Trump arrives in Holy Land, visits Holy Sepulcher, Western Wall

IMAGE: CNS photo/Jonathan Ernst, Reuters

By Judith Sudilovsky

JERUSALEM (CNS) — Following his official welcome to
Jerusalem by Israeli President Reuven Rivlin, U.S. President Donald Trump began
his two-day visit to Israel and the Palestinian territories with a private
visit to the Church of the Holy Sepulcher and Western Wall.

Details of the visits to the holy sites had been a carefully
guarded secret until the last moment, but from early May 22 the alleyways of
the Old City were closed to both residents and tourists, and the main thoroughfares
leading to the Old City were closed off to all traffic.

Under tight security and led by the traditional kawas honor
guard announcing the way with the thumping of their ornamental staffs, the
president made his way by foot through the Old City’s alleyways to the Church
of the Holy Sepulcher. He and first lady Melania Trump were welcomed at the
entrance of the church courtyard by Greek Orthodox Patriarch Archbishop
Theophilos III; Franciscan Father Francesco Patton, custos of the Holy Land;
and Armenian Patriarch Nourhan Manougian. The president spoke briefly to the
religious leaders and stopped at the entrance of the church for a group
photograph after also speaking to a few other religious.

Trump, who also was accompanied into the church by his
daughter, Ivanka Trump, and son-in-law, Jared Kushner, spent about 30 minutes
in the church, which encompasses the area where, according to Christian
tradition, Jesus was crucified, buried and later rose from the dead. At the
entrance of the church is the stone of unction, where tradition holds that
Jesus’ body was laid out and washed after his crucifixion. Inside the central
rotunda is the newly renovated Edicule, where Jesus was buried.

The delegation then walked the short distance to the Western
Wall plaza, where Trump was greeted by Rabbi Shmuel Rabinowitz, rabbi of the
Western Wall. Wearing the traditional Jewish kippa or skullcap, Trump walked
alone to the wall, where he placed his hands on the stones for several minutes.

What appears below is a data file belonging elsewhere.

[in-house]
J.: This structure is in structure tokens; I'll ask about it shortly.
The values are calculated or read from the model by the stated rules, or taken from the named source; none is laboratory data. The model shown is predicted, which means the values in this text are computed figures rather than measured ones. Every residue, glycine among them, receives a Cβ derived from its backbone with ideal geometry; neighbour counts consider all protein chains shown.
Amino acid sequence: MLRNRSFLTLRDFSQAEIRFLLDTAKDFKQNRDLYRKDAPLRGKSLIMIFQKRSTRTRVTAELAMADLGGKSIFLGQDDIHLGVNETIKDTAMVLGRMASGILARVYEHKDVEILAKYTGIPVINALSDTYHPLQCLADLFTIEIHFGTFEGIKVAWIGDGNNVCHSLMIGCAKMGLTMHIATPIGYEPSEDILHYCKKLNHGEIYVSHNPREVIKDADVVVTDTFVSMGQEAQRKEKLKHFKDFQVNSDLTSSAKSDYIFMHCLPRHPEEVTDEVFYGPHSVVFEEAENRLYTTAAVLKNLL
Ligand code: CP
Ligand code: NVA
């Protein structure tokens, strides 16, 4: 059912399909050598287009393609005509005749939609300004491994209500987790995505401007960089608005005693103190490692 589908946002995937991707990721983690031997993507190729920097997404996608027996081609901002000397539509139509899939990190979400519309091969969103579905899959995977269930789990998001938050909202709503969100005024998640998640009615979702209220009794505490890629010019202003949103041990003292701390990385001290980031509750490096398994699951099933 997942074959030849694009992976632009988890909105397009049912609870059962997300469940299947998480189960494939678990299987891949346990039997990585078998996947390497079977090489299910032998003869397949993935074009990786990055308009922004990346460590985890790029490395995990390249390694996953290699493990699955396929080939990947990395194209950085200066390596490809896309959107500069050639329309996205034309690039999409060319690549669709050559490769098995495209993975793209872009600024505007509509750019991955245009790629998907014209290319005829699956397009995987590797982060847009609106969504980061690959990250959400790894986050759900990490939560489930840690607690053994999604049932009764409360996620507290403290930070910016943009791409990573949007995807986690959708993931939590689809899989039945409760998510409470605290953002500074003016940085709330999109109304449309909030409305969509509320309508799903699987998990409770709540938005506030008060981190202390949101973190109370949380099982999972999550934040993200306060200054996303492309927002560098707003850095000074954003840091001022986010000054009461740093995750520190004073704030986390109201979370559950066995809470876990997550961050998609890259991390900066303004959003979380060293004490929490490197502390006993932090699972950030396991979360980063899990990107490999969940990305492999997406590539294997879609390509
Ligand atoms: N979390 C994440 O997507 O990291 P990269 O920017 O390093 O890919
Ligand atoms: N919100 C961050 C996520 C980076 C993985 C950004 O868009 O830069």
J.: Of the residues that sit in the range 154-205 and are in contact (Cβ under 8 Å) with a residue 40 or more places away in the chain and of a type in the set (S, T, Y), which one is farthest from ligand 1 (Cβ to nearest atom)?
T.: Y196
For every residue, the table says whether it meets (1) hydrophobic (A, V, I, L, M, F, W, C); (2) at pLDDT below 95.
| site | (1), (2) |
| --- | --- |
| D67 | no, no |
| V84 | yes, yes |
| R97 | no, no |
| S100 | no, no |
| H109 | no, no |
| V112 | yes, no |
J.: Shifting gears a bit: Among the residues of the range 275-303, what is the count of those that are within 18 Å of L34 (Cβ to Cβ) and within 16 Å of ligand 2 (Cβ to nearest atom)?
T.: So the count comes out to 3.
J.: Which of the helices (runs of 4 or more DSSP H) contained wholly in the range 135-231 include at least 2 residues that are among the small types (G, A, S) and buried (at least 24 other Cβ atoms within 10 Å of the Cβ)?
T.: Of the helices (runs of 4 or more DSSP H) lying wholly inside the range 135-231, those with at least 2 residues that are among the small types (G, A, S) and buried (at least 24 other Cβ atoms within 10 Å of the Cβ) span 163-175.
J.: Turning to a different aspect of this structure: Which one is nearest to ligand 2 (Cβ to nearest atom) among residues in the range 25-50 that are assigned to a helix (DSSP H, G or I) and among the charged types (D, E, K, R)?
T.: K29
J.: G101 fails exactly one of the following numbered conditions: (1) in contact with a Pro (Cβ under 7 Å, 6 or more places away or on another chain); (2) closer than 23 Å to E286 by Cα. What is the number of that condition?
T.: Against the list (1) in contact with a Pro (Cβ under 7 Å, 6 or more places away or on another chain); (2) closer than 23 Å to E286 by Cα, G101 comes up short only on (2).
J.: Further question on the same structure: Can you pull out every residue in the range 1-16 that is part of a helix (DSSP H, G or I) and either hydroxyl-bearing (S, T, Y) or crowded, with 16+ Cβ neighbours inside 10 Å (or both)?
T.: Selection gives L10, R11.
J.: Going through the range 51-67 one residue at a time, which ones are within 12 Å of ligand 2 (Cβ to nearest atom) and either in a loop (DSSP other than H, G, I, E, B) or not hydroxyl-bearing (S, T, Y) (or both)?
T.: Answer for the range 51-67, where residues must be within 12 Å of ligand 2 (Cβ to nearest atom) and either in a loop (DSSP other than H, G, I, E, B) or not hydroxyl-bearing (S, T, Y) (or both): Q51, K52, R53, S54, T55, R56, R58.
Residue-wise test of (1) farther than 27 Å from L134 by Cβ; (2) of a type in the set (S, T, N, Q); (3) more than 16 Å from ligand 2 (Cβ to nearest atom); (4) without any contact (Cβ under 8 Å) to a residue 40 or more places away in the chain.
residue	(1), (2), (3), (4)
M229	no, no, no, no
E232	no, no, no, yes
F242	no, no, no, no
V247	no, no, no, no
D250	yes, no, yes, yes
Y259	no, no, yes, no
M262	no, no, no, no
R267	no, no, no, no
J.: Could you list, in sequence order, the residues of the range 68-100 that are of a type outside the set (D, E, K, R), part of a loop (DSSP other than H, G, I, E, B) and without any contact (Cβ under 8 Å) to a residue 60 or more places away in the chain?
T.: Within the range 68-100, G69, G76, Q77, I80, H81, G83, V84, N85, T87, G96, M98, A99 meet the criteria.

He then placed a note with a prayer into a crack in the wall, a Jewish
tradition. Melania and Ivanka Trump visited the women’s section of the wall
separately, and the first lady spent a few minutes silently in front of the
wall, touching it with her hand.

Trump is the first sitting president to visit the Western
Wall in the contested Old City of Jerusalem. Both Israelis and Palestinians
claim Jerusalem as their capital city.

The Western Wall, considered the holiest site for Judaism
today as a remnant of the retaining wall of the Biblical Jewish Temple, also
surrounds the Temple Mount/Haram al-Sharif compound, where the Jewish temple
once stood and the location of Al-Aqsa mosque, Islam’s third-holiest site.

Avoiding any symbolic controversy involving the issue of the
city’s sovereignty, the Trump administration insisted the visit to the sites be
private, vexing Israel by Trump’s refusal to be accompanied by Israeli
political leaders to the Western Wall.

Meanwhile, Palestinians said Israel had not allowed a Greek
Orthodox Scout marching band to accompany the delegation to Church of the Holy Sepulcher
as planned because of the Palestinian flags on their uniform. A spokesman from
the Israeli Ministry of Foreign Affairs denied any Israeli involvement in the
matter, suggesting that it might have been a U.S. security issue.

In a visit that encompasses both political and religious
symbolism, Trump spent two days in Riyadh, Saudi Arabia, with King Salman and
other Muslim leaders. He was scheduled to meet with Palestinian President
Mahmoud Abbas May 23 in Bethlehem, West Bank, and was expected to urge the
Palestinian leader to take productive steps toward peace.

According to media reports, he did not plan to visit Bethlehem’s
Church of the Nativity because of an exhibit there supporting hunger-striking
Palestinian prisoners in Israeli jails.

In statements upon his arrival in Israel, Trump spoke warmly
about the U.S.-Israeli bond and his deep sense of admiration for the country.
He also spoke of the need to unite against “the scourge of violence.”

“We have the rare opportunity to bring security and
stability and peace to this region and to its people by defeating terrorism,”
Trump said at the welcoming ceremony upon his arrival at Ben Gurion Airport,
where he was greeted by Israeli Prime Minister Benjamin Netanyahu and his wife,
Sara. “But we can only get there by working together. We love Israel. We
respect Israel and I send your people the warmest greeting from your friend and
ally, from all people in the USA, we are with you.”

The next leg of his first overseas trip as president is
slated to include a visit to the Vatican as well as to Brussels.

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